The study found that 6.7 million COVID-19 hospitalised patients had undiagnosed diabetes, of which 1.9 million died. File.
| Photo Credit: B. VELANKANNI RAJ

Undiagnosed diabetes contributed substantially to COVID-19 hospitalisations and deaths in many low- and middle-income countries (LMIC), including India, a new study published in the medical journal The Lancet said.

The study was supported, in part, by the Bill and Melinda Gates Foundation and FIND, a global health non-profit based in Geneva. Eight LMICs were studied — Brazil, China, India, Indonesia, Mexico, Nigeria, Pakistan, and South Africa.

Also read: World Diabetes Day | Know your risk; know your response

According to the study, while it is seen that patients with COVID-19 that had diagnosed chronic diseases — including diabetes — may experience higher rates of hospitalisation and mortality relative to the general population, the burden of undiagnosed co-morbidities during the pandemic, however, had not been adequately studied.

The study is titled ‘Estimates of hospitalisations and deaths in patients with COVID-19 associated with undiagnosed diabetes during the first phase of the pandemic in eight low-income and middle-income countries: a modelling study’.

For the study, a model to estimate the hospitalisation and mortality burden of patients with COVID-19 that had undiagnosed Type 1 and Type 2 diabetes was put in place.

The study, as per its modelling estimates, found that across the eight countries, 6.7 million COVID-19 hospitalised patients had undiagnosed diabetes, of which 1.9 million died. They represented 21.1% of all COVID-19 hospitalisations and 30.5% of all COVID-19 deaths in these countries.

“We find that if these populations had been diagnosed for diabetes prior to the COVID-19 pandemic, 1.7% of COVID-19 hospitalisations and 5.0% of COVID-19 deaths could have been prevented, and 1.8 million quality adjusted life years (QALY) gained,’’ it added.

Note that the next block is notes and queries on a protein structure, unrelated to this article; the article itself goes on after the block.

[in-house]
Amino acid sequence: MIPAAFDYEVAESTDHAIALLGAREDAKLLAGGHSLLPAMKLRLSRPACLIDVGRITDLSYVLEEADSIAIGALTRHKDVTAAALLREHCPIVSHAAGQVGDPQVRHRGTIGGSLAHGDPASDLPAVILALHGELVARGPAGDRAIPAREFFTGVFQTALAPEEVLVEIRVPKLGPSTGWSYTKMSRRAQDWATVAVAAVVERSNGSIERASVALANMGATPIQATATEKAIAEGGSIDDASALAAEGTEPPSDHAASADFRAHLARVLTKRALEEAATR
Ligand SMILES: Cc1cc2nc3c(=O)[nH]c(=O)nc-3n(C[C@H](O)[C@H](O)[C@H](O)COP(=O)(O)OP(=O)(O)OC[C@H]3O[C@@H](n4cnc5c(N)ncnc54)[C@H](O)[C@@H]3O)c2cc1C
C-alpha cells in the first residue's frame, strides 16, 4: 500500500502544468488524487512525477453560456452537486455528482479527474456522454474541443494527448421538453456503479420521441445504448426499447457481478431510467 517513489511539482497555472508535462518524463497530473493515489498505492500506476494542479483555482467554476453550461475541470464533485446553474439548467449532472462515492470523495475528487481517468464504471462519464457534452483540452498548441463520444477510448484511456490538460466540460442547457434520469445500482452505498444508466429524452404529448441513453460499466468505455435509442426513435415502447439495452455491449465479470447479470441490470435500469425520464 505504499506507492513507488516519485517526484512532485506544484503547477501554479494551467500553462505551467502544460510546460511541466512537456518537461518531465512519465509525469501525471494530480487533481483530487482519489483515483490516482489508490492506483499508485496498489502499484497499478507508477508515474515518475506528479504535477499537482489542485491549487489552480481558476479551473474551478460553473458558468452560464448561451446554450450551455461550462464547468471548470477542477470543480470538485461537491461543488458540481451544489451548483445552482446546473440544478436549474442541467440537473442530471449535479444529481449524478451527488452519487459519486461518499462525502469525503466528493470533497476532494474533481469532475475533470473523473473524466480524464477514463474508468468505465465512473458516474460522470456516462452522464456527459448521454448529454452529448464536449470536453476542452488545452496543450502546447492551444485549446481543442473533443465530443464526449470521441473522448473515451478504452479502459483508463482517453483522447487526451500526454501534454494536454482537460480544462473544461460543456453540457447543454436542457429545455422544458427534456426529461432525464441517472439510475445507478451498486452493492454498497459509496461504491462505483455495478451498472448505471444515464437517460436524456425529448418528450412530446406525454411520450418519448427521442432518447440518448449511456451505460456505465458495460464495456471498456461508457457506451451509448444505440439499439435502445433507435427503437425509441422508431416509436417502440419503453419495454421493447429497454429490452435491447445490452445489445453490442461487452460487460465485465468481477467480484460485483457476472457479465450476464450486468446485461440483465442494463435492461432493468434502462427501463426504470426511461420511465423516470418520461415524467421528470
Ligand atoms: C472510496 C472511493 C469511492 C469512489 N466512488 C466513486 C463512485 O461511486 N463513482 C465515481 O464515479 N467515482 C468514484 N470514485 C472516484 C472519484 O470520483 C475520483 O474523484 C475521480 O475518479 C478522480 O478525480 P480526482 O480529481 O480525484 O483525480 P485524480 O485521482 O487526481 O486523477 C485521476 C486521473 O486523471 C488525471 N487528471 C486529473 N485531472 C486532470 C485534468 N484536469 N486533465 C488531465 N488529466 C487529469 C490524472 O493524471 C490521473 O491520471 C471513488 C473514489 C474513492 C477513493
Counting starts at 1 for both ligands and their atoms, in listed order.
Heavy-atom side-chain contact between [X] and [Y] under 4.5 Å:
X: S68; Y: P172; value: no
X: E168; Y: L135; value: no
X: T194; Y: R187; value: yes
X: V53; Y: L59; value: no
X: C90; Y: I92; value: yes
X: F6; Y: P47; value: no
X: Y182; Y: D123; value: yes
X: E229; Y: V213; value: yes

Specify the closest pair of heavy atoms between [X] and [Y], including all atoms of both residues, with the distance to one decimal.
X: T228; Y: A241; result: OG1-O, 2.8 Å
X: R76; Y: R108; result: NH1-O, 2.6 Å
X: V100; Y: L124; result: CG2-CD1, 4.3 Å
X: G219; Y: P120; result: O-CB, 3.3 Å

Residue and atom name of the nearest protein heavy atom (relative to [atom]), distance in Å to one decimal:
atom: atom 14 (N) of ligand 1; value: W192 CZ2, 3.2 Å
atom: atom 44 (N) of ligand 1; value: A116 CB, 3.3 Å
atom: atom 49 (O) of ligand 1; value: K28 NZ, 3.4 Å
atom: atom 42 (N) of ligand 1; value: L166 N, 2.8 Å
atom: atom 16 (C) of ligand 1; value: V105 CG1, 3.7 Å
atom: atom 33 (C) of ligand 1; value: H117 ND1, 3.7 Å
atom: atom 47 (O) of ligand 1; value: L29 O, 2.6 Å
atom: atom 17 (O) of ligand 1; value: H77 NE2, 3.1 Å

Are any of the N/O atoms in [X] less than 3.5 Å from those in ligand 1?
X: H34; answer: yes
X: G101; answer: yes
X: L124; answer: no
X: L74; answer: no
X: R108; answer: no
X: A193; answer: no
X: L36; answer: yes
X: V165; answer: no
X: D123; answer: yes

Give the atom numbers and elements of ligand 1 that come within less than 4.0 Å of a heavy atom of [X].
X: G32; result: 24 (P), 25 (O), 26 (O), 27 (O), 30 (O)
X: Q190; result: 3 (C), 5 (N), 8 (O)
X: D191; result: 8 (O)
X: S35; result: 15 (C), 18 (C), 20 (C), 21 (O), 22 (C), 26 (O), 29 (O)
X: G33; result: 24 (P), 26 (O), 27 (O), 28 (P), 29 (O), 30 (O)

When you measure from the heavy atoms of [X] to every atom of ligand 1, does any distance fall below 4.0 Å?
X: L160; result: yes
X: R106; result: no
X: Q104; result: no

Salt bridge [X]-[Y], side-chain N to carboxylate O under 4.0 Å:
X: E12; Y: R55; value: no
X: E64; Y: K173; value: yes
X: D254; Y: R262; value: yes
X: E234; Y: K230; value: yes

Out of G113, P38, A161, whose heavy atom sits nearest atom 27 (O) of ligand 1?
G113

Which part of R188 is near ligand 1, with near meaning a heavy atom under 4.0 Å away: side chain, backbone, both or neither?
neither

The study notes that an understanding of the risk factors driving severe COVID-19 outcomes could lead to targeted investments in prevention and control efforts to reduce health system burdens during future pandemic waves.

Further explaining the implications of all the available evidence, it noted that the growing burden of non-communicable diseases (NCD) necessitates increased investments in prevention and diagnostics.

“NCDs can severely increase the health burden caused by new and emerging infectious diseases,’’ it further warned. It added that a meta-analysis had found that diabetes was the third most common comorbidity associated with higher COVID-19 severity and mortality after hypertension and obesity. However, accounting of diabetes in patients with COVID-19 has focused on populations with known diabetes, potentially excluding the 45% of individuals with diabetes globally that are not aware of their status,” the study pointed out.

“Non-communicable diseases, specifically diabetes, obesity, and hypertension, are rapidly growing in LMICs, afflicting a serious health and economic burden. Their importance has been magnified during the COVID-19 pandemic. This study highlights the benefits of prevention of diabetes cases, and the importance of timely diagnosis to reduce future disease burdens,’’ the study said.

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